Friday, 21 July 2006

A series of unfortunate incidents

It all started yesterday :(. Despite the respite from dwindling supplies by the Sikorskys the fact remained that we were low on fuel. So BANG! Port call! Now that wouldn't in itself be such a bad thing, but we can't very well land up at Karratha towing 6Km long streamers now can we? /:) id est, on the back deck today picking up gear.

Strike 2: Pick-up's going... well, not exactly smoothly, but close enough. Suddenly I see the streamer rise like a whiplash and shoot from the reel straight out into the sea! The first time I'd ever seen a cable snap, and I was almost in the way!!

Heading for disaster: (as if the cable snap wasn't disaster enough) Extremely hurried preparations for small boat launch to try and recover/locate streamer underway. Everyone except me is worried to hell, the Sun's setting in 30 minutes. I'm not 'cos I've never been out in a small boat after dark. Had I known, there's a slight chance I'd not have jumped up and volunteered. I knew there had to be a good reason why mine was the only hand that went up :|.

Cut to the chase: Everything's going well, except for the rather choppy sea and the fact that with every degree the Sun drops the wind strengthens and the air gets ominously chillier! The the streamer finds us before we find the streamer. A wicked loop's resolutely stuck under the small-boat and now we are dying to get rid of the thing we found :-S.
Ominous? It isn't from today. There was no time for cam.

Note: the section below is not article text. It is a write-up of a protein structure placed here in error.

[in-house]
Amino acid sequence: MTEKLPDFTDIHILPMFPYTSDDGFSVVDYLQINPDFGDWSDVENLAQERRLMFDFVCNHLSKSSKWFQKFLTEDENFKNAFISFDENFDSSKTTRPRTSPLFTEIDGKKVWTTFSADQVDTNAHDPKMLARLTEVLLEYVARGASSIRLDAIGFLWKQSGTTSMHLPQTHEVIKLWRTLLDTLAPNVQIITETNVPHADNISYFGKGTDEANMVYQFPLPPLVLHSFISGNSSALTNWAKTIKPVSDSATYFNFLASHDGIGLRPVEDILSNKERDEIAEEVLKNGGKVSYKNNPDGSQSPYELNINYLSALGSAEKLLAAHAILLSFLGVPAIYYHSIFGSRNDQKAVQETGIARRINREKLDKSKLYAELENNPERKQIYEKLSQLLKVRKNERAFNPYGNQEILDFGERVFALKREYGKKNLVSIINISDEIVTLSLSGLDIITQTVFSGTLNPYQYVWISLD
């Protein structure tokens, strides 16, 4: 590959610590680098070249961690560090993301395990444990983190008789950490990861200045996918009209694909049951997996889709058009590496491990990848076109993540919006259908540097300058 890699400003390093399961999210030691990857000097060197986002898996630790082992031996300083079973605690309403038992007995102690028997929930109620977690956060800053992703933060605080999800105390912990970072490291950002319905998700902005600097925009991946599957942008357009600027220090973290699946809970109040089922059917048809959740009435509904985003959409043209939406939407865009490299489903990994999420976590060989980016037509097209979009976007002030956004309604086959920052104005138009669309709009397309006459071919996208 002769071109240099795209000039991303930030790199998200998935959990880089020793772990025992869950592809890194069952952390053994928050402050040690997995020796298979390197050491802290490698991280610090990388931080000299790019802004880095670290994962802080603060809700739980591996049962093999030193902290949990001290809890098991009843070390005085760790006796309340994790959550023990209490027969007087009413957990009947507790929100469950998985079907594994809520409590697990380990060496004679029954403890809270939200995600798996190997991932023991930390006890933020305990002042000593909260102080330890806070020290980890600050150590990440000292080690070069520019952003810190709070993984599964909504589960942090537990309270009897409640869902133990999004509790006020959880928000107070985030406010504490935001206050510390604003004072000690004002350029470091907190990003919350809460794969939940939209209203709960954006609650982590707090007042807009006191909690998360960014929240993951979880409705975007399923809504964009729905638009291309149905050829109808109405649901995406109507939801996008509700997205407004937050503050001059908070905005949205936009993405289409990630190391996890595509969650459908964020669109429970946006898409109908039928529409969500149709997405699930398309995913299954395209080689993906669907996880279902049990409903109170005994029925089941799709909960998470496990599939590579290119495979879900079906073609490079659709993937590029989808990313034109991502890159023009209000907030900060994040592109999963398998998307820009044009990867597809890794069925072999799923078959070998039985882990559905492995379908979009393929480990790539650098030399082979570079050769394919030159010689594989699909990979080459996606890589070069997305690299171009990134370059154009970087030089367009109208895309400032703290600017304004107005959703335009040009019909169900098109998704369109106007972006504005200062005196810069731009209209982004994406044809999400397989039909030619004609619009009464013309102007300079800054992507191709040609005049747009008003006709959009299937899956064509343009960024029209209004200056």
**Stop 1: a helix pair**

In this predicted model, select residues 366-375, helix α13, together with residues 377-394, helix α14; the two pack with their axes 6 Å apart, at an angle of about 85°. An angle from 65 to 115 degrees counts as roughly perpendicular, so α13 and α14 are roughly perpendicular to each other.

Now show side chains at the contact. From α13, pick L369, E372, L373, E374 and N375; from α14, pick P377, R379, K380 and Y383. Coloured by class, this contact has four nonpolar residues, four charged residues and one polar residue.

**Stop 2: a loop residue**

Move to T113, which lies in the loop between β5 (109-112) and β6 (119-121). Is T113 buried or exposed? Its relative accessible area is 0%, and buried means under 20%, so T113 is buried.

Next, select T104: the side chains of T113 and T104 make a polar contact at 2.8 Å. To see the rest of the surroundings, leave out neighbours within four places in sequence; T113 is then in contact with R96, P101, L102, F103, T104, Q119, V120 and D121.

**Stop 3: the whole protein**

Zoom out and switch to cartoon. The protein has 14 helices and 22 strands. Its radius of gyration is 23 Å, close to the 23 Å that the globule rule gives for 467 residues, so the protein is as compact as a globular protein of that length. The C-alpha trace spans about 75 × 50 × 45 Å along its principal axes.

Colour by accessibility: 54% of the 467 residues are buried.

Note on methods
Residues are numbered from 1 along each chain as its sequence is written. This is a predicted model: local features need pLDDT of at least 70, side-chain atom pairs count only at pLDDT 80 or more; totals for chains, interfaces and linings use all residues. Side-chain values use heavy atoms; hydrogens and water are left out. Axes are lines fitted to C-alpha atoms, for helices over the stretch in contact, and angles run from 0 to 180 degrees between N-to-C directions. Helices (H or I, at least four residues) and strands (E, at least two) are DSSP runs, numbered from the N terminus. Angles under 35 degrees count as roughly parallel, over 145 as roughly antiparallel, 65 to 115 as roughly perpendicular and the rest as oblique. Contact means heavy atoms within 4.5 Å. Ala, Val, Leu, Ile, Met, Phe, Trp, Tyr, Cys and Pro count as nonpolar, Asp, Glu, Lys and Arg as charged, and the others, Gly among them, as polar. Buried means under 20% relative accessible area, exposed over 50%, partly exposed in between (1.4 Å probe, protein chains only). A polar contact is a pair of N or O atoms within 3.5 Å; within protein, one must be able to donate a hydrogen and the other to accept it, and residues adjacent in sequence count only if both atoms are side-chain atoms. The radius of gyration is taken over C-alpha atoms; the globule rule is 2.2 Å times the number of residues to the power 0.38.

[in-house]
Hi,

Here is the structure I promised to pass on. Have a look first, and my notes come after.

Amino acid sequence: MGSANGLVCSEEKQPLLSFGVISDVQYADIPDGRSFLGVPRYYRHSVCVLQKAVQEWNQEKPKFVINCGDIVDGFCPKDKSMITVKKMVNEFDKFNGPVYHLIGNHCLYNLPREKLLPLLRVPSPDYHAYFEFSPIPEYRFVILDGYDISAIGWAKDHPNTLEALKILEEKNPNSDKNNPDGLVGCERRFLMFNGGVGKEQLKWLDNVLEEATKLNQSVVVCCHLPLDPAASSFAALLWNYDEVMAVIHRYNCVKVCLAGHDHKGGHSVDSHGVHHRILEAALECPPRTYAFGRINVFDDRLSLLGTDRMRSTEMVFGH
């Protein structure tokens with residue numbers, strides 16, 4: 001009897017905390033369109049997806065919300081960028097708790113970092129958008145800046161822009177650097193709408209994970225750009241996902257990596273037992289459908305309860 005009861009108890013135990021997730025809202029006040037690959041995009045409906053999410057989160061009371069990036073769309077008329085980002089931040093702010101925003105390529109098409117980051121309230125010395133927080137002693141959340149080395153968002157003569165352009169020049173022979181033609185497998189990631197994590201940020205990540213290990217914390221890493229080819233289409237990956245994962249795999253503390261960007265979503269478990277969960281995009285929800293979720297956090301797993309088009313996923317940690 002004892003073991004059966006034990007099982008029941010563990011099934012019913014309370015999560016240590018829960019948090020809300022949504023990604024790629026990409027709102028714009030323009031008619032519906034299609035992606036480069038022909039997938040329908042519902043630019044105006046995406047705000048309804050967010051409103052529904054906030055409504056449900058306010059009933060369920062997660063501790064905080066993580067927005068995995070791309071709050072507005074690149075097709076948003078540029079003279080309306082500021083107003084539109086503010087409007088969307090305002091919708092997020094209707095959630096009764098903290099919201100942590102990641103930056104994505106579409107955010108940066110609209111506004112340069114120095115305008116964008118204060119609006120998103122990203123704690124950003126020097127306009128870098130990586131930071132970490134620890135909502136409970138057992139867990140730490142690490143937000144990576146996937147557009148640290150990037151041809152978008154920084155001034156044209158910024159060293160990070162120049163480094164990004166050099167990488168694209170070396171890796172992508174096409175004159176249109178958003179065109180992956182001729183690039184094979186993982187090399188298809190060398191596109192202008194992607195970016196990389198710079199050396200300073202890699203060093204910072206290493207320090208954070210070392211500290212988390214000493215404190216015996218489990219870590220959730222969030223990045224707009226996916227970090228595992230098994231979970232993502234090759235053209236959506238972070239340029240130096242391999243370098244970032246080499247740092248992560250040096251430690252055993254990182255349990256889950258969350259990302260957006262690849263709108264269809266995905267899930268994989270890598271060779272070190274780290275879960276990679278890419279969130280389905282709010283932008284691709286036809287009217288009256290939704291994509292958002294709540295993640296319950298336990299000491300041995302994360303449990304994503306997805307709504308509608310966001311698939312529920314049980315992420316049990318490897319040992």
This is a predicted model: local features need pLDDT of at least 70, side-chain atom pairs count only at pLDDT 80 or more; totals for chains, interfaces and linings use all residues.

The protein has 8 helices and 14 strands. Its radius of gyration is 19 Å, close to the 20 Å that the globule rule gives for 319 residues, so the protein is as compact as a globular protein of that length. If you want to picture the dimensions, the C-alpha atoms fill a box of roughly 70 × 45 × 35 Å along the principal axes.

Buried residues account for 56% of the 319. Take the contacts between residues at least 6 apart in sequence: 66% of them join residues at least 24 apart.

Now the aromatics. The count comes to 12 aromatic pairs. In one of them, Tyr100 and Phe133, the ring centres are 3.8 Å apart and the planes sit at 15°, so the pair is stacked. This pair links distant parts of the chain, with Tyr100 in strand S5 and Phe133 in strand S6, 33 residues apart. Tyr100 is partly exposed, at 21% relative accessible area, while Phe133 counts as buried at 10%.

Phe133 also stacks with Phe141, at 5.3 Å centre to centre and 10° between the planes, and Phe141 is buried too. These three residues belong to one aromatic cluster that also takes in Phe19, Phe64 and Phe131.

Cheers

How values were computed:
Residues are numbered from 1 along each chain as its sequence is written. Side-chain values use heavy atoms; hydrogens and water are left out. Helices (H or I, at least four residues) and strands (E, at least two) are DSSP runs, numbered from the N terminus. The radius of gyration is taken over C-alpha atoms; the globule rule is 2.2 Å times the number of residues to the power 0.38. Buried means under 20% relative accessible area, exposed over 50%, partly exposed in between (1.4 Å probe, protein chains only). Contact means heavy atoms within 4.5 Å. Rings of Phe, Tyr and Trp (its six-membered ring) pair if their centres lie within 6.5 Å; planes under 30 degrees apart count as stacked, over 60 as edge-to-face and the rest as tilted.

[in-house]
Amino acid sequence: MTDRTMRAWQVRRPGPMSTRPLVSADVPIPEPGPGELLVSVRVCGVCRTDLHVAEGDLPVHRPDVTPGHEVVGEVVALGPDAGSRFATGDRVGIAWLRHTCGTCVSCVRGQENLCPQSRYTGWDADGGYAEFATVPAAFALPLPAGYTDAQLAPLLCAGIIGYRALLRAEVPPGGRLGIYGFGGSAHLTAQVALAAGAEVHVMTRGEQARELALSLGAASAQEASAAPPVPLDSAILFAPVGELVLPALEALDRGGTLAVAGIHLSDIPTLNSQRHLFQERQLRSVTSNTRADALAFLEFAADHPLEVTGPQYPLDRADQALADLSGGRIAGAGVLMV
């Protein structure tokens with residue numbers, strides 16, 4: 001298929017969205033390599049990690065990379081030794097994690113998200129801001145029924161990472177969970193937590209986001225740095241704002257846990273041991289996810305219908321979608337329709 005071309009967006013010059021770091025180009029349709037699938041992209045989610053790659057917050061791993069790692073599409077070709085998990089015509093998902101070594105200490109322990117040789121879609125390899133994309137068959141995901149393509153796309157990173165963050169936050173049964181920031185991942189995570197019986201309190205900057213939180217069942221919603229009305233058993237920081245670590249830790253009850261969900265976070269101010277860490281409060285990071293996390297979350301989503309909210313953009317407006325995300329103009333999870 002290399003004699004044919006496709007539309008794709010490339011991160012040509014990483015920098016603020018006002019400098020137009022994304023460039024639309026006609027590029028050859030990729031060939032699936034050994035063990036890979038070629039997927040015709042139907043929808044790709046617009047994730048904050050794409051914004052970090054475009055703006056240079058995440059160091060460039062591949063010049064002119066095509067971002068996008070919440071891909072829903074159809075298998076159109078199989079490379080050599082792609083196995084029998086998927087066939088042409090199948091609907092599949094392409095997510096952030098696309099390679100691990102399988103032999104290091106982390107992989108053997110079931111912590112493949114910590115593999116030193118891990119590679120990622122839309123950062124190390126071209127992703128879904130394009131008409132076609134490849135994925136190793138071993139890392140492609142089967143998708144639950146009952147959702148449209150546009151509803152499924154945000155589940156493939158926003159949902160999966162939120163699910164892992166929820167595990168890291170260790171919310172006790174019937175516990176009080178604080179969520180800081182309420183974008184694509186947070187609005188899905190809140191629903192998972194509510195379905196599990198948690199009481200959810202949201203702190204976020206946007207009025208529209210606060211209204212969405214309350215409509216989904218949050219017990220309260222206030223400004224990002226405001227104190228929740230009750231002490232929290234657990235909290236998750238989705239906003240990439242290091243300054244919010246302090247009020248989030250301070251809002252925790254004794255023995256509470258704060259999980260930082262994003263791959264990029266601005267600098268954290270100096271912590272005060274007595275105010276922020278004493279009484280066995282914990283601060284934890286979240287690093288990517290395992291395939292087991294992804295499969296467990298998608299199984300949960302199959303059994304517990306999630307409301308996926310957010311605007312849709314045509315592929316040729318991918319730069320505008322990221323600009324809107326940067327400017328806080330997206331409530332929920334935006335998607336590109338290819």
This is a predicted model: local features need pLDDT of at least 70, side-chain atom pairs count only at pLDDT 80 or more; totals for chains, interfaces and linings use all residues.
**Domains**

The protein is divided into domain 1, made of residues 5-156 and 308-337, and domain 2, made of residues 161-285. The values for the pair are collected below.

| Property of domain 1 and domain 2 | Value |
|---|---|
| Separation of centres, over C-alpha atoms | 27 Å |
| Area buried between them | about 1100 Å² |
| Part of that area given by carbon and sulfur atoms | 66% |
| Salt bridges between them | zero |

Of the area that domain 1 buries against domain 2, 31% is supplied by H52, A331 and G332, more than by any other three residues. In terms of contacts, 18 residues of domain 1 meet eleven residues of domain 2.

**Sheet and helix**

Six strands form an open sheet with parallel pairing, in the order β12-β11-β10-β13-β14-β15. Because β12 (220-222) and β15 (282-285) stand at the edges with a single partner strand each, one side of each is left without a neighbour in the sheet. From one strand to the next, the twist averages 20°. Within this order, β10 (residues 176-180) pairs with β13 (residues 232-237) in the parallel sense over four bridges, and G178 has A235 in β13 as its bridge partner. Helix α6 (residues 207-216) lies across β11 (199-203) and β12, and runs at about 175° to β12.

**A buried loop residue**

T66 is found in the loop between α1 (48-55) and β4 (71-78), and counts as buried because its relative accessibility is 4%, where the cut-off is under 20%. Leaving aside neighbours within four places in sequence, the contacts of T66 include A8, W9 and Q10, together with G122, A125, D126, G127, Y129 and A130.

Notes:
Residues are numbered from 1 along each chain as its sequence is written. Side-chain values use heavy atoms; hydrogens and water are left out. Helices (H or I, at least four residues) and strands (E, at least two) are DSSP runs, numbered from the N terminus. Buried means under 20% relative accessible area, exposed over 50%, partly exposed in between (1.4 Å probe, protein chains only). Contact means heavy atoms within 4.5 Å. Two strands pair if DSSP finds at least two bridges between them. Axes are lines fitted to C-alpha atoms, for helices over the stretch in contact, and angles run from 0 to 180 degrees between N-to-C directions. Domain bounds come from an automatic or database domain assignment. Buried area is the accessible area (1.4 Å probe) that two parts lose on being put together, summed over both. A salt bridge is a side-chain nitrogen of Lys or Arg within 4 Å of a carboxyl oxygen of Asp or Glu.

A better part of an hour passes and we are still stuck. At this point, I'm really, really scared. It's pitch black except for a faint dull glow in the horizon. Worse, the blinding back-deck lights of the Trident have coalesced into a fast-disappearing dot on the horizon. Every now and then, a wave engulfs hope as even that dot is veiled.

I firmly believe in guardian angels. A desperate plan. We are fumbling in the now murky waters when the currents achieve what we couldn't, we're free of the cable!! But when we hand over the cable to the chase boat that's been watching us from the distance (MoB crew at the ready, I'm sure), we find out that we are a good 15 km's away from the Trident: at least an hour to get back!

The sky's clear. It's spectacularly beautiful with the Milky Way laid out in all it's glittering brilliance. Lying back on the deck of your personal yatch, a glass of [put in favourite beverage here] in your hand and agreeable company to share it with, it's the perfect night. The feeling's not quite the same when you're freezing your balls off, soaked to the skin and hanging on for dear life :|.

I have never been more profoundly grateful when stepping onto the Trident. EVER. And then there were 4 more hours of shift, on the back deck X-((((.

--
Good to know the blog-ban fiasco's been more or less resolved in India. Unfortunately, I've been somewhat side-tracked in my intent of following the matter closely due to extenuating circumstances.

Feeling: drained
Listening to: U2 - Where the streets have no name

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